A new study has confirmed the Tsleil-Waututh Nation was sustainably fishing prior to colonization in the Burrard Inlet Tsleil-Waututh Nation
By Charlie Carey, Local Journalism Initiative Reporter
A new study showing sustainable fishery management by səlilwətaɬ (Tsleil-Waututh) people before colonization has Michelle George excited.
The Nation’s cultural and technical specialist, George holds traditional knowledge, including that of her ancestors’ fishing practices of targeting male salmon both for their meat and to sustain the fishery, in which the study has now confirmed was effective.
“Being able to translate it into western science, where more people can actually understand. … Because the challenge that I face is, do people understand what I’m trying to explain to them? So, having someone else translate it is very exciting,” she said.
The study published earlier this month in the journal Scientific Reports examined chum salmon bones dating from between 400 BC and AD 1200 from four archeological sites around the Burrard Inlet.
It then used a polymerase chain reaction or PCR test to screen for the Y chromosome, which would indicate the fish was male.
The test found that bones from male fish markedly outnumbered females at two of the village sites, while something closer to a 50:50 ratio would be expected if the fish were being harvested at random.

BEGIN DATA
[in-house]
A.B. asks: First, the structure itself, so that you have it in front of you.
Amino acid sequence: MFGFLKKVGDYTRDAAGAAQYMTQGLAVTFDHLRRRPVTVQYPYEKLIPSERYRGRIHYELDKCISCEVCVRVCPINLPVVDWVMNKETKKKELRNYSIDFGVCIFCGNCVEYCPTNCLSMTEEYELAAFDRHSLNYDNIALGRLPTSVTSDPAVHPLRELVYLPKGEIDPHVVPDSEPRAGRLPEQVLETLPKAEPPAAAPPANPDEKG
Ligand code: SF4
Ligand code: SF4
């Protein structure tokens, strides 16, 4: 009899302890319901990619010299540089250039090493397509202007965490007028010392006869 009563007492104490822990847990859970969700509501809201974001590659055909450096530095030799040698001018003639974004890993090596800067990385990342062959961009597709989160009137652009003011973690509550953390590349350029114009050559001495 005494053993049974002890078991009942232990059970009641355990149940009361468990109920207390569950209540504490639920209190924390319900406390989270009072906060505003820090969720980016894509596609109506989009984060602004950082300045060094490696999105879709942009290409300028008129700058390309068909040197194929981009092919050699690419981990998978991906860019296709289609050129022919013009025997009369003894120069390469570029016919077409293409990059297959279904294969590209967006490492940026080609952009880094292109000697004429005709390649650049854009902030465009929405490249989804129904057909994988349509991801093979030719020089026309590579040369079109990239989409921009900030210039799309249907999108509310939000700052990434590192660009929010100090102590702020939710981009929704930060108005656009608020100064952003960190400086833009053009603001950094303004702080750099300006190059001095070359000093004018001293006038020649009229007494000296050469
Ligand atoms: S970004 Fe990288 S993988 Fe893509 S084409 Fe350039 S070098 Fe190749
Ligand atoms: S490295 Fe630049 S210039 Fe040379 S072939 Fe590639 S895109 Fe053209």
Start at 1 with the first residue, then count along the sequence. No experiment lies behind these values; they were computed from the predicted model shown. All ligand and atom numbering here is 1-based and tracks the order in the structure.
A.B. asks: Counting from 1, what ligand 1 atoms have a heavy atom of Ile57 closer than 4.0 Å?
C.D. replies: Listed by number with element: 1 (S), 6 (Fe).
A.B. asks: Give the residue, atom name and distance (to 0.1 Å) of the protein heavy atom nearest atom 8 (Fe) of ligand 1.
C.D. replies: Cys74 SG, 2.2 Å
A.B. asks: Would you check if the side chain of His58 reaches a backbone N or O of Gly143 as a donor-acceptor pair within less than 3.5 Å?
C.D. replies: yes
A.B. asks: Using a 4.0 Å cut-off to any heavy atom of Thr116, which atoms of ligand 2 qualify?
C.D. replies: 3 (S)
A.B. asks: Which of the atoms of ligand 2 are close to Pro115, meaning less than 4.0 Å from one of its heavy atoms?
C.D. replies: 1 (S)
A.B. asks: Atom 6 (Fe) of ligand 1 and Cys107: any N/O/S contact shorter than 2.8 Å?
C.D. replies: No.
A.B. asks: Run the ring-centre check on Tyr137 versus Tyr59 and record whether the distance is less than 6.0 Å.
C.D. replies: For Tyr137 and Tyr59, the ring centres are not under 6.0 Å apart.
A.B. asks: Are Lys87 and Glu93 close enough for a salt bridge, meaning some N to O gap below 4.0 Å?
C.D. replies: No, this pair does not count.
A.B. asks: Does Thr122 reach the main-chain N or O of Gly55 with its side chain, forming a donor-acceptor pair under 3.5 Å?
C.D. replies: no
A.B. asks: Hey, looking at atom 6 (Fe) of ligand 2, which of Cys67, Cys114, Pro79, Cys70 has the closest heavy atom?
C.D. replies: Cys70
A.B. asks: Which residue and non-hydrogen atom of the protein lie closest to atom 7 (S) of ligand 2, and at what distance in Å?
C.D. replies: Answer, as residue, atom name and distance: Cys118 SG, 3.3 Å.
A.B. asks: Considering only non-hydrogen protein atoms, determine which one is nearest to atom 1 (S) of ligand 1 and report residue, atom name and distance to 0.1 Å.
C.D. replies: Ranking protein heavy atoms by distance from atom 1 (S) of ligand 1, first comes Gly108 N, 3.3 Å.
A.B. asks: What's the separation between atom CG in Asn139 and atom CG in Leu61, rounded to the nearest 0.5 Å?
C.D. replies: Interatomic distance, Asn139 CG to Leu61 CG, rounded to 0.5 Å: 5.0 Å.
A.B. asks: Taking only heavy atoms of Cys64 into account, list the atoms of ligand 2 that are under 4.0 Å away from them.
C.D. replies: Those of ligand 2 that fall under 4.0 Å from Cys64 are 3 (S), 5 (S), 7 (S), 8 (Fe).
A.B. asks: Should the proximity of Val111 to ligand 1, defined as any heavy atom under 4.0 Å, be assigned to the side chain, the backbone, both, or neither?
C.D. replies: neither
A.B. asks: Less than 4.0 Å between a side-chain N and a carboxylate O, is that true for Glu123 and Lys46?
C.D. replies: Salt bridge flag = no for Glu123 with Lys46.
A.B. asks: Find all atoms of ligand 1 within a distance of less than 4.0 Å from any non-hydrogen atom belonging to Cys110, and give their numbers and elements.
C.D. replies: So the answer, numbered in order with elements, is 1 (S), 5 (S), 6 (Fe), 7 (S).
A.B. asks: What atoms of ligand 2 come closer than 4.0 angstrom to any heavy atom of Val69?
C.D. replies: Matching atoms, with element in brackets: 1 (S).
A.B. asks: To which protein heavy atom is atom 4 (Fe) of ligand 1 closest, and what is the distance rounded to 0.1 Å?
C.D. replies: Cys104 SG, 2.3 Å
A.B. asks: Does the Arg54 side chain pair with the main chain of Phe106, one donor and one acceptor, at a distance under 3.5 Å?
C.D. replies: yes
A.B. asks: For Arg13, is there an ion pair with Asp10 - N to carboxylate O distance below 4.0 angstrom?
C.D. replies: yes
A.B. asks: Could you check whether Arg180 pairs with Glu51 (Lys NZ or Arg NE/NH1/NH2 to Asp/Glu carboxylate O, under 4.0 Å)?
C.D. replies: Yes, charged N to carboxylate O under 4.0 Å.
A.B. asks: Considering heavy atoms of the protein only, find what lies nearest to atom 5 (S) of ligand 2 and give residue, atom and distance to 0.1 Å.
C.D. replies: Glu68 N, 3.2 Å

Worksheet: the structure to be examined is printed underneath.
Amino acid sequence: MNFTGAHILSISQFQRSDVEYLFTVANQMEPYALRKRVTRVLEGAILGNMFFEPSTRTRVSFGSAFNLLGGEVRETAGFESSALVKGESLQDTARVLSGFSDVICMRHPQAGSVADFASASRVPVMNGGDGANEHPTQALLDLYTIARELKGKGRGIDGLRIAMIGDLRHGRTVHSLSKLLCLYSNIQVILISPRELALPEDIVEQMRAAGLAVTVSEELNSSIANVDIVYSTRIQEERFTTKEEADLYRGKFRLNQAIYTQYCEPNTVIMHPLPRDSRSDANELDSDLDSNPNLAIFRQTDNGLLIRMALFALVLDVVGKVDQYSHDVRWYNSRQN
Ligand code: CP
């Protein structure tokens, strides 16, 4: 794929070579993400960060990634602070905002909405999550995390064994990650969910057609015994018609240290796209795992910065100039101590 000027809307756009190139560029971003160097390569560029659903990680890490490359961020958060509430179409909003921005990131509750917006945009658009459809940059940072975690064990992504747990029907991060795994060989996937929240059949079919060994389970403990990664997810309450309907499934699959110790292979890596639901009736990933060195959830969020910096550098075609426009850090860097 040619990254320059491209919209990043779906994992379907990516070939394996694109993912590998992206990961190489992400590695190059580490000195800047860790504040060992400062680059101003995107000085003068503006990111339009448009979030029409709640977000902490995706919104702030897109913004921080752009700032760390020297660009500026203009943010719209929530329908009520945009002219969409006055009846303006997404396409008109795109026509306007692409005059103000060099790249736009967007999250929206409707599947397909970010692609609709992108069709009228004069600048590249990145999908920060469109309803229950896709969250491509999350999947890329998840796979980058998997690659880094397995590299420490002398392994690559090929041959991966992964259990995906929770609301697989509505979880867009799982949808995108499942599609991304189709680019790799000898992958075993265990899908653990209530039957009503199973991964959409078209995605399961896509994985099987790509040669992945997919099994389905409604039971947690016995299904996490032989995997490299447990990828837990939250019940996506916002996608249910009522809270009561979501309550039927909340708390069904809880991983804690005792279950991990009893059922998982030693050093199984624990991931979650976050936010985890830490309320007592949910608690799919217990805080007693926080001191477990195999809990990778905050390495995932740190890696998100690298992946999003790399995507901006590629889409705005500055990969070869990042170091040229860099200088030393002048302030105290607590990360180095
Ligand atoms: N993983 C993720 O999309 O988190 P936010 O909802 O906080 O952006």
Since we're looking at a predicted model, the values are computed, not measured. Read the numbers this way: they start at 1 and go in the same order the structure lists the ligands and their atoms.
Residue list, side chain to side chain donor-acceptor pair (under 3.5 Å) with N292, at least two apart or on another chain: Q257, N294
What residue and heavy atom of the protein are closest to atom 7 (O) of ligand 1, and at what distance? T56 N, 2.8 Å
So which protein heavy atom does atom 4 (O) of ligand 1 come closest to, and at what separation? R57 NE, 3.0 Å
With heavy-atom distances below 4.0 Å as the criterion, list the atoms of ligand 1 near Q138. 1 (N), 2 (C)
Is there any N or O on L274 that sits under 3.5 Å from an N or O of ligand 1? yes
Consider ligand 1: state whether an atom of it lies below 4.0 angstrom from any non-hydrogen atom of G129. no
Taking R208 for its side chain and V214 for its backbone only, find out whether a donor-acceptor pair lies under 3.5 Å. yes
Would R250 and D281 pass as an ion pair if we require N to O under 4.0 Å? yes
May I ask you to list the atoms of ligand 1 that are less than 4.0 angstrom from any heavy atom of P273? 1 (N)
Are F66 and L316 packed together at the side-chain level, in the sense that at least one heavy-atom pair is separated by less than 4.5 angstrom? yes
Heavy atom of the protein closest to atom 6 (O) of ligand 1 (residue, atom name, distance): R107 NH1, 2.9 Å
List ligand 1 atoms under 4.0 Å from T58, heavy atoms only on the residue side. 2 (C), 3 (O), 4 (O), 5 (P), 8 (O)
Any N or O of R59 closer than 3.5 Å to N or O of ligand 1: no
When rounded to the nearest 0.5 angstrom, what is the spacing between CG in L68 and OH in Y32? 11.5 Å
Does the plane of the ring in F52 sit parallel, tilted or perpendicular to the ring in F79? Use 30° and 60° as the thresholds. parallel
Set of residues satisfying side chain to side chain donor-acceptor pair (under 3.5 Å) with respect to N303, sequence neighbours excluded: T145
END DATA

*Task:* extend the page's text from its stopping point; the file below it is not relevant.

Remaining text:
More recently, George says TWN has decided not to practice their food fishing rights, to replenish the inlet’s fishing stocks.
“There was a season or two that we opted out, saying it was our own way of practising sustainable fisheries,” she said.
Jesse Morin, archeologist for the TWN and an adjunct professor at the University of British Columbia’s oceans and fisheries institute, said the results highlight the success of the Tsleil-Waututh approach to fishing as the abundance of salmon in Burrard Inlet remained stable over at least 1,000 years.
“People were harvesting the same sort of fish consistently, probably from the same places, for 1,000 years,” he said. “Here we are, 150 years later, 150 years’ worth of industrial harvesting, and we’ve really destroyed these resources.”
George said having studies like this confirm the impact that colonization has had on traditional and cultural ways.
“Being able to prove that colonization has impacted our way of life, and this being one of them, that really helps outline how we maintain the sustainable fishery and how the land was before,” she said. “I’m hoping that knowledge in this is able to translate into negotiations and other tables we participate at.”
With files from The Canadian Press
This item is reprinted with permission from North Shore News. See article HERE.
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